COVID-19 Related Loss of Smell
Temporary loss of smell, known as anosmia, is a commonly reported indicator of COVID-19.
Losing your sense of smell and taste can be jarring and emotional, and adjusting to the seemingly muted world can be difficult at first. However, research looks promising for COVID-19 patients with anosmia, though scientists say there's still a lot unknown.
Here's what we know about anosmia related to COVID-19 thus far:
How does it happen?
The novel coronavirus likely changes the sense of smell in patients not by directly infecting neurons, but by affecting the function of supporting cells, said Sandeep Robert Datta, MD, PhD, associate professor of neurobiology at Boston-based Harvard Medical School. Dr. Datta co-authored a study published July 31 in Science Advances, and its findings identify the olfactory cell types in the upper nasal cavity as most vulnerable to SARS-CoV-2 infection.
Justin Turner, MD, PhD, associate professor of Otolaryngology-Head and Neck Surgery and medical director of Nashville-based Vanderbilt University Medical Center's Smell and Taste Center, said May 21 that the primary cause of smell loss appears to be from an inflammatory reaction inside the nose that can lead to a loss of the olfactory neurons.
Who loses their smell?
Smell loss can be one of the first or only signs of disease and may precede symptoms such as cough and fever, Dr. Turner said, citing spring data from VUMC's Smell and Taste Center.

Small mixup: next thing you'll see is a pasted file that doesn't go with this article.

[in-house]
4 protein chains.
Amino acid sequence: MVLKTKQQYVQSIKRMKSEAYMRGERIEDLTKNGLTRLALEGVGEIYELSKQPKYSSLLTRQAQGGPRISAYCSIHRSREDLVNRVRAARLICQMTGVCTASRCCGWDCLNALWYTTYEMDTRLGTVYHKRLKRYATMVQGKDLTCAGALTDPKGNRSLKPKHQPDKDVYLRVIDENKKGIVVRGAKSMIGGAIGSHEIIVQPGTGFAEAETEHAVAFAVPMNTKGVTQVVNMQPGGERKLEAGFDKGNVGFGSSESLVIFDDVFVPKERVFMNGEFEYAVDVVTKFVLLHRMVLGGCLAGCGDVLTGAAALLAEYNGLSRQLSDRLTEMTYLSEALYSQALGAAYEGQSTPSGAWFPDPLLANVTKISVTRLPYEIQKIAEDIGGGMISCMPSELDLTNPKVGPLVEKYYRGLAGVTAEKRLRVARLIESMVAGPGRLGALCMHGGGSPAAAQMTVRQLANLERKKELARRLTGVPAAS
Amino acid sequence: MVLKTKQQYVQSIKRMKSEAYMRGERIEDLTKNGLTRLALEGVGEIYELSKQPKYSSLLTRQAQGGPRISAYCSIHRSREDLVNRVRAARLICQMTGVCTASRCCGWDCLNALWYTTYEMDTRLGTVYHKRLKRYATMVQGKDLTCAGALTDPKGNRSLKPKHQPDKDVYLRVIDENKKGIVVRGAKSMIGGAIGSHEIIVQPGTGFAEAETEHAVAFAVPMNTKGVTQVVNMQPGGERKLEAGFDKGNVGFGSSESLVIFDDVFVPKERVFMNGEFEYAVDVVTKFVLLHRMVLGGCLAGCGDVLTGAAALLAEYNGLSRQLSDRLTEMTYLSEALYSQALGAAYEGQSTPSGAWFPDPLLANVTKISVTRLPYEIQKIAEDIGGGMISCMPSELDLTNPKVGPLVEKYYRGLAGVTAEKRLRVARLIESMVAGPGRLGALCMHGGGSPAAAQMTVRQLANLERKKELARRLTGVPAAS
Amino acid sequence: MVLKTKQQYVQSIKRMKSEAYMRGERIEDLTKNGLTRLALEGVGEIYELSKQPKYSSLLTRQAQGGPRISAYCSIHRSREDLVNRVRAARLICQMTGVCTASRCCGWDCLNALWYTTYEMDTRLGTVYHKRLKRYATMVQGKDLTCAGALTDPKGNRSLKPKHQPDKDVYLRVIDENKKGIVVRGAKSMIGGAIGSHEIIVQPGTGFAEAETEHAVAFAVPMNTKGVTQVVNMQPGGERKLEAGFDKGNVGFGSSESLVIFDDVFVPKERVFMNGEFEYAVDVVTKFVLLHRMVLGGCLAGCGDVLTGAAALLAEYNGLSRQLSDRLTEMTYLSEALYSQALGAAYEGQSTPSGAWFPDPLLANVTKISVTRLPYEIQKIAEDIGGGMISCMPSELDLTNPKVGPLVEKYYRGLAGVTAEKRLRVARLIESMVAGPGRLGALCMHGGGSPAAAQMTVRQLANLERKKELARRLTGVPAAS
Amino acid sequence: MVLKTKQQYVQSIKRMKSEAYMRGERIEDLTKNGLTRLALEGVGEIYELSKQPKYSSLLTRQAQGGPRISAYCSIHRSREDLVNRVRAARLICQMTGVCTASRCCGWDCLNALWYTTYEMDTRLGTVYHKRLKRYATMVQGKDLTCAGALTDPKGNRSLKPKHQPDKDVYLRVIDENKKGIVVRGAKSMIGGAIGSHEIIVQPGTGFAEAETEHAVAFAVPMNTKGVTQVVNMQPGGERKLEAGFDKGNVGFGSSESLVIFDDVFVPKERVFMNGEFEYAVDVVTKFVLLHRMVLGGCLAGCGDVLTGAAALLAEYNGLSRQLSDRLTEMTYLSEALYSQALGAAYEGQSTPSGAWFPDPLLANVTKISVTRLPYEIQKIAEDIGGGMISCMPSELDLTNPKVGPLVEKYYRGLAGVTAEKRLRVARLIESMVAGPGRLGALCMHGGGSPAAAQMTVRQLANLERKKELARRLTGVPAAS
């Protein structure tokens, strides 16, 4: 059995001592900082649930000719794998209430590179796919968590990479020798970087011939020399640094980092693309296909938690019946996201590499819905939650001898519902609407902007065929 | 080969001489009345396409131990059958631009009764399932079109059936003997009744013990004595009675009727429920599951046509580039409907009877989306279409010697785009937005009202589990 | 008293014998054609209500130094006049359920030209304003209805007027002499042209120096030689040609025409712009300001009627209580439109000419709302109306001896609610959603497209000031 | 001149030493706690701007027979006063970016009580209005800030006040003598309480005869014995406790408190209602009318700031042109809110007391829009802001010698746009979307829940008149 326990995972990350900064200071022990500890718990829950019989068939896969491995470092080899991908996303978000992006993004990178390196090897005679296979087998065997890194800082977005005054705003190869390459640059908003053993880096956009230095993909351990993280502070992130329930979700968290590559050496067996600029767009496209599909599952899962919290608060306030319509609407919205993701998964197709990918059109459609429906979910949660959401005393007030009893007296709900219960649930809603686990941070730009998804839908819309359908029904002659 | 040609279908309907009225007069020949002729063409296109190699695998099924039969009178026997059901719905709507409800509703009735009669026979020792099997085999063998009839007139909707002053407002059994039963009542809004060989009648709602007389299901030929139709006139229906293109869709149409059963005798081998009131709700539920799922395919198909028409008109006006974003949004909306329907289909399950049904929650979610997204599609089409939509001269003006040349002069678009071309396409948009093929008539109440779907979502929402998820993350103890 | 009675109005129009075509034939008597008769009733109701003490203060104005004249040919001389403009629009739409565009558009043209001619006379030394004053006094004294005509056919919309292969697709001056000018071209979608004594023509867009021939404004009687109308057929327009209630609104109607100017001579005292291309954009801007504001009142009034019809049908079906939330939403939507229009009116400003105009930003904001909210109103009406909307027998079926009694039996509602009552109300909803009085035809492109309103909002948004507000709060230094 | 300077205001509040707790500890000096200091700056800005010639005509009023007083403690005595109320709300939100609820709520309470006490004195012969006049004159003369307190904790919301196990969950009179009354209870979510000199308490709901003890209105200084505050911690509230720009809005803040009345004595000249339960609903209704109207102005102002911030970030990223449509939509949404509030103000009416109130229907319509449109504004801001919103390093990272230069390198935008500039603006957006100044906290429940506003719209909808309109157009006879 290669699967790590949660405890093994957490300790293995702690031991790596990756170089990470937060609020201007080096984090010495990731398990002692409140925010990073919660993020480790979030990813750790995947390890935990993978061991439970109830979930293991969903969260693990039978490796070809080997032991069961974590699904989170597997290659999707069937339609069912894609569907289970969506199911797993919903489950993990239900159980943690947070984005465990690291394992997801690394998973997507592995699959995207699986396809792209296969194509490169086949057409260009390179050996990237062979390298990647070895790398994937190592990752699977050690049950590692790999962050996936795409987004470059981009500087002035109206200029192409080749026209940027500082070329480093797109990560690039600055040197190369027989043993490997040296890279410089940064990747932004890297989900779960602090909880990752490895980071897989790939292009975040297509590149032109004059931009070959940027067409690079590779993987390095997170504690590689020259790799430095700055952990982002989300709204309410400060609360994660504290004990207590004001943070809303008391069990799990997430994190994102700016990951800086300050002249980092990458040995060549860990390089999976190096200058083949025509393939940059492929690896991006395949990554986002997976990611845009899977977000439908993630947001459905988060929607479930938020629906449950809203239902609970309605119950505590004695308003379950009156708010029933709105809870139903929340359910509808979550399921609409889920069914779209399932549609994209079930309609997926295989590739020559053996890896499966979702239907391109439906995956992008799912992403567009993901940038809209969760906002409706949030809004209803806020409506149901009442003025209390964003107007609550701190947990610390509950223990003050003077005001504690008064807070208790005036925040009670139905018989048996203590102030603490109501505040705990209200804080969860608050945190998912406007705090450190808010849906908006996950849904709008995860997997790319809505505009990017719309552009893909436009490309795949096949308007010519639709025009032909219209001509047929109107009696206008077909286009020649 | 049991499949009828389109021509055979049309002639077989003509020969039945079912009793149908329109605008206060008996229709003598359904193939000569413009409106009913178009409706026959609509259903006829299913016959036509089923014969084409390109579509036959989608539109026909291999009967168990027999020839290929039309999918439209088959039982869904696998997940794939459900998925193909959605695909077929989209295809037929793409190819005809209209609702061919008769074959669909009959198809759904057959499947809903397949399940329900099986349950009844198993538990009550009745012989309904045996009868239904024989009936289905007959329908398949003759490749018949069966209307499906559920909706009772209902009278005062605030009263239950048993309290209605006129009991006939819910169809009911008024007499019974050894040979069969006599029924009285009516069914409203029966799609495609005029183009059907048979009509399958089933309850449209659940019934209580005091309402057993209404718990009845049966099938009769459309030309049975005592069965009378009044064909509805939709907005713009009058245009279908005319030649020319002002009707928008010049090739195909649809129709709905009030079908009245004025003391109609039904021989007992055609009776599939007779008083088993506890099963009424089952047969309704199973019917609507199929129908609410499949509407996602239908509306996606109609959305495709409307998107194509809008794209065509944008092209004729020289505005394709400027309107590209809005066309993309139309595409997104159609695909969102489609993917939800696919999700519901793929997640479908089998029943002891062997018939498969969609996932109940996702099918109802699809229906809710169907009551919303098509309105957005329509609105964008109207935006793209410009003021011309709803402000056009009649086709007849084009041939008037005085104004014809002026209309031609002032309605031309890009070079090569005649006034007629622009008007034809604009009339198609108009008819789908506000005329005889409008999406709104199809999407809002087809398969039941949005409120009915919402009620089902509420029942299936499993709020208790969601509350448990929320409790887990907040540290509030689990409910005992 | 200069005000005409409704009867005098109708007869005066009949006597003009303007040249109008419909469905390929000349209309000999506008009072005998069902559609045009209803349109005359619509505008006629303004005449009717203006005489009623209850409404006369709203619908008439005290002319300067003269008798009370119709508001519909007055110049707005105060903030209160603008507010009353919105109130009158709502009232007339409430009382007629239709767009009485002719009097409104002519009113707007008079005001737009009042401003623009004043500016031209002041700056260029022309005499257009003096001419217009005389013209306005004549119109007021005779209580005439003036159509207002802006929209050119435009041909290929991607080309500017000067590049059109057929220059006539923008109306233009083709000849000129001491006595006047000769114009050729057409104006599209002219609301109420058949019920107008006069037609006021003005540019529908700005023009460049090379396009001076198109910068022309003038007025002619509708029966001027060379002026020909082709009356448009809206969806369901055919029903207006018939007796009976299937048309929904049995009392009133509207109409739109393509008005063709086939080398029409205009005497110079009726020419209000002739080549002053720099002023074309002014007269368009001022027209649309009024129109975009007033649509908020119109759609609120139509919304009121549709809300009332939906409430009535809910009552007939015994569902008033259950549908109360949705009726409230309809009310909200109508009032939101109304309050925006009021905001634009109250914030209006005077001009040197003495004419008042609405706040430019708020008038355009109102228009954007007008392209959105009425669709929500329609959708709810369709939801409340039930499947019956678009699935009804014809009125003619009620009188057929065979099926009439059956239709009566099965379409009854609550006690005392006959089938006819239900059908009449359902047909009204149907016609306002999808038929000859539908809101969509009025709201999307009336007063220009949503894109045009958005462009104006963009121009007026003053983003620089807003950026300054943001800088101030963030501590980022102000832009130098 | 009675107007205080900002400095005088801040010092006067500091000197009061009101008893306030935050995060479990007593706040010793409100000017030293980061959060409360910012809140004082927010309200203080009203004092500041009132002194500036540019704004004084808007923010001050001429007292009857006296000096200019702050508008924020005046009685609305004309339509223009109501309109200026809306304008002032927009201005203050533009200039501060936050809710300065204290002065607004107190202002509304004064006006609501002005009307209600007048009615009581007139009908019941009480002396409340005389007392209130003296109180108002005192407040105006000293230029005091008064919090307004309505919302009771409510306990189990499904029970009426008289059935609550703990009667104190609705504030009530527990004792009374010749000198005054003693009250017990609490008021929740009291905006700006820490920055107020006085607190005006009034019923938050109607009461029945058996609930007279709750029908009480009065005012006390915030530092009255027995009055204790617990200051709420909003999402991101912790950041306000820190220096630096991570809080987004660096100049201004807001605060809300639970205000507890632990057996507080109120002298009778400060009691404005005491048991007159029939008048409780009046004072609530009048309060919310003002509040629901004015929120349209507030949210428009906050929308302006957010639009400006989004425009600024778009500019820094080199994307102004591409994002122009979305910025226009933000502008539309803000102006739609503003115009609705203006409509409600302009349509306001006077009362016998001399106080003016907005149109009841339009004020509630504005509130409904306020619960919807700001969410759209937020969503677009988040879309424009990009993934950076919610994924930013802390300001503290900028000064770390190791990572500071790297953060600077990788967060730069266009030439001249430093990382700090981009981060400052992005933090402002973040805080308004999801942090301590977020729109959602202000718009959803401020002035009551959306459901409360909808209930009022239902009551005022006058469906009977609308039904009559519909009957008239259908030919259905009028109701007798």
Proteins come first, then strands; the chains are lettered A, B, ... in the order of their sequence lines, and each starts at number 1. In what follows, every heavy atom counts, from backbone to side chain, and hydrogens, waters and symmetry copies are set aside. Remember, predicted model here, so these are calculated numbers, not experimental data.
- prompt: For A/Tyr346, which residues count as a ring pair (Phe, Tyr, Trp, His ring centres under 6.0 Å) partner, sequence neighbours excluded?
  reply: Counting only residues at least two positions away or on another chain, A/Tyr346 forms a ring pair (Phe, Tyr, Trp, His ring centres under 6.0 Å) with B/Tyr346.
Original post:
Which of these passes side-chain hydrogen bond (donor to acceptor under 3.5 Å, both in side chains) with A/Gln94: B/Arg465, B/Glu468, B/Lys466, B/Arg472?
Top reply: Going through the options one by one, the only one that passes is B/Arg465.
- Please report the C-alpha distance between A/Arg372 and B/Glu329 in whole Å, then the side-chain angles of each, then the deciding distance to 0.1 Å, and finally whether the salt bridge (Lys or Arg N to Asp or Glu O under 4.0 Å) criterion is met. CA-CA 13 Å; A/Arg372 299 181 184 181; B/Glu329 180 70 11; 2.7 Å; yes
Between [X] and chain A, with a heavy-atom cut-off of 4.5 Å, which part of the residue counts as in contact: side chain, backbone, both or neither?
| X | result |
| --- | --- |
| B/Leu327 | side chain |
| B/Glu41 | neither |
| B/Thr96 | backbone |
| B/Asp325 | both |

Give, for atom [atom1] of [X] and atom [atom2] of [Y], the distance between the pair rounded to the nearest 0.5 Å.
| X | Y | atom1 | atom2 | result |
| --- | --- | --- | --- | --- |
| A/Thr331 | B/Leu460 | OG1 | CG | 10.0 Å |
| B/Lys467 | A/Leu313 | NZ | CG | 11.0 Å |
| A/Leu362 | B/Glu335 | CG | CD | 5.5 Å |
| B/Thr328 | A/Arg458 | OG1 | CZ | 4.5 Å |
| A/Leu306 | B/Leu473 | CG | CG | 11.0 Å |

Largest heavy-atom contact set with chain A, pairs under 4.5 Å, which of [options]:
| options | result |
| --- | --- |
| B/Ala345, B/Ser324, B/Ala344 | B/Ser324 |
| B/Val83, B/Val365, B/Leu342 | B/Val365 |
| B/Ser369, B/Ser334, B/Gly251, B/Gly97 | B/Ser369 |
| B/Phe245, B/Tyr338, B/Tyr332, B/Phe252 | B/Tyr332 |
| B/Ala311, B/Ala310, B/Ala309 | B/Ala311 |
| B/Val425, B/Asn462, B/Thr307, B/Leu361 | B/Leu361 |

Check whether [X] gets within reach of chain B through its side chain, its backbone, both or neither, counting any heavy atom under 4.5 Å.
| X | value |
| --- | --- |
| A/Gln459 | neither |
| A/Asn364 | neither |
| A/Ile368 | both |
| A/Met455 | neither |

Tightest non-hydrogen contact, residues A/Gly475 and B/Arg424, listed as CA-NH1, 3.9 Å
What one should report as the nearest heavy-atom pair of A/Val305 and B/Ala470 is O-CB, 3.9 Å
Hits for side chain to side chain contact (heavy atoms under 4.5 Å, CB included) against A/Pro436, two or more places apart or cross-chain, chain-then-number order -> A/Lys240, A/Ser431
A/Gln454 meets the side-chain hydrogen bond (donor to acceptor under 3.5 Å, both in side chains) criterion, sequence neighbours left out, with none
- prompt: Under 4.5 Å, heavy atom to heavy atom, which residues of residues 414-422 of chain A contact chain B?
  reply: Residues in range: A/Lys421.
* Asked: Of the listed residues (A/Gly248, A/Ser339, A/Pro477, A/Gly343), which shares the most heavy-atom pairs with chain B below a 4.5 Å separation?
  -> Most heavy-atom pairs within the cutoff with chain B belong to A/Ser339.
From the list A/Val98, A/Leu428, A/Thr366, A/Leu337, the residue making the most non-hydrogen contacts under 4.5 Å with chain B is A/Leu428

A study published Jan. 5 in the Journal of Internal Medicine found that 86 percent of patients with mild COVID-19 cases experienced anosmia, compared with 4 percent to 7 percent of those with moderate to severe cases. The research analyzed data from 2,581 patients in France, Belgium and Italy.
Will COVID-19 patients get their sense of smell back?
Of 2,581 COVID-19 patients studied, 95 percent of patients regained their sense of smell within six months, according to the study in the Journal of Internal Medicine.
For most patients, COVID-19 infection is unlikely to permanently damage olfactory neural circuits and lead to persistent anosmia, Dr. Datta said, adding, "Once the infection clears, olfactory neurons don't appear to need to be replaced or rebuilt from scratch. But we need more data and a better understanding of the underlying mechanisms to confirm this conclusion."
If so, when do COVID-19 patients get their sense of smell back?
The average time of olfactory dysfunction reported by patients was 21.6 days, according to the study in the Journal of Internal Medicine. Nearly a quarter of the 2,581 COVID-19 patients studied didn't regain smell and taste within 60 days of infection.
Are there any long-term physical or psychological risks?
"If you have a gas leak, you can't necessarily smell it," Nina Shapiro, MD, a pediatric head and neck surgeon at University of California, Los Angeles School of Medicine, told NBC News. "And if people lose their appetites because food tastes like cardboard or even rotting meat, they might develop vitamin deficiencies. What's more, people might not know when food is, indeed, spoiled or burning."
"Anosmia seems like a curious phenomenon, but it can be devastating for the small fraction of people in whom it's persistent," Dr. Datta said. "It can have serious psychological consequences and could be a major public health problem if we have a growing population with permanent loss of smell."
Citation from Gabrielle Masson - Monday, January 11th, 2021, Becker HospitalReview
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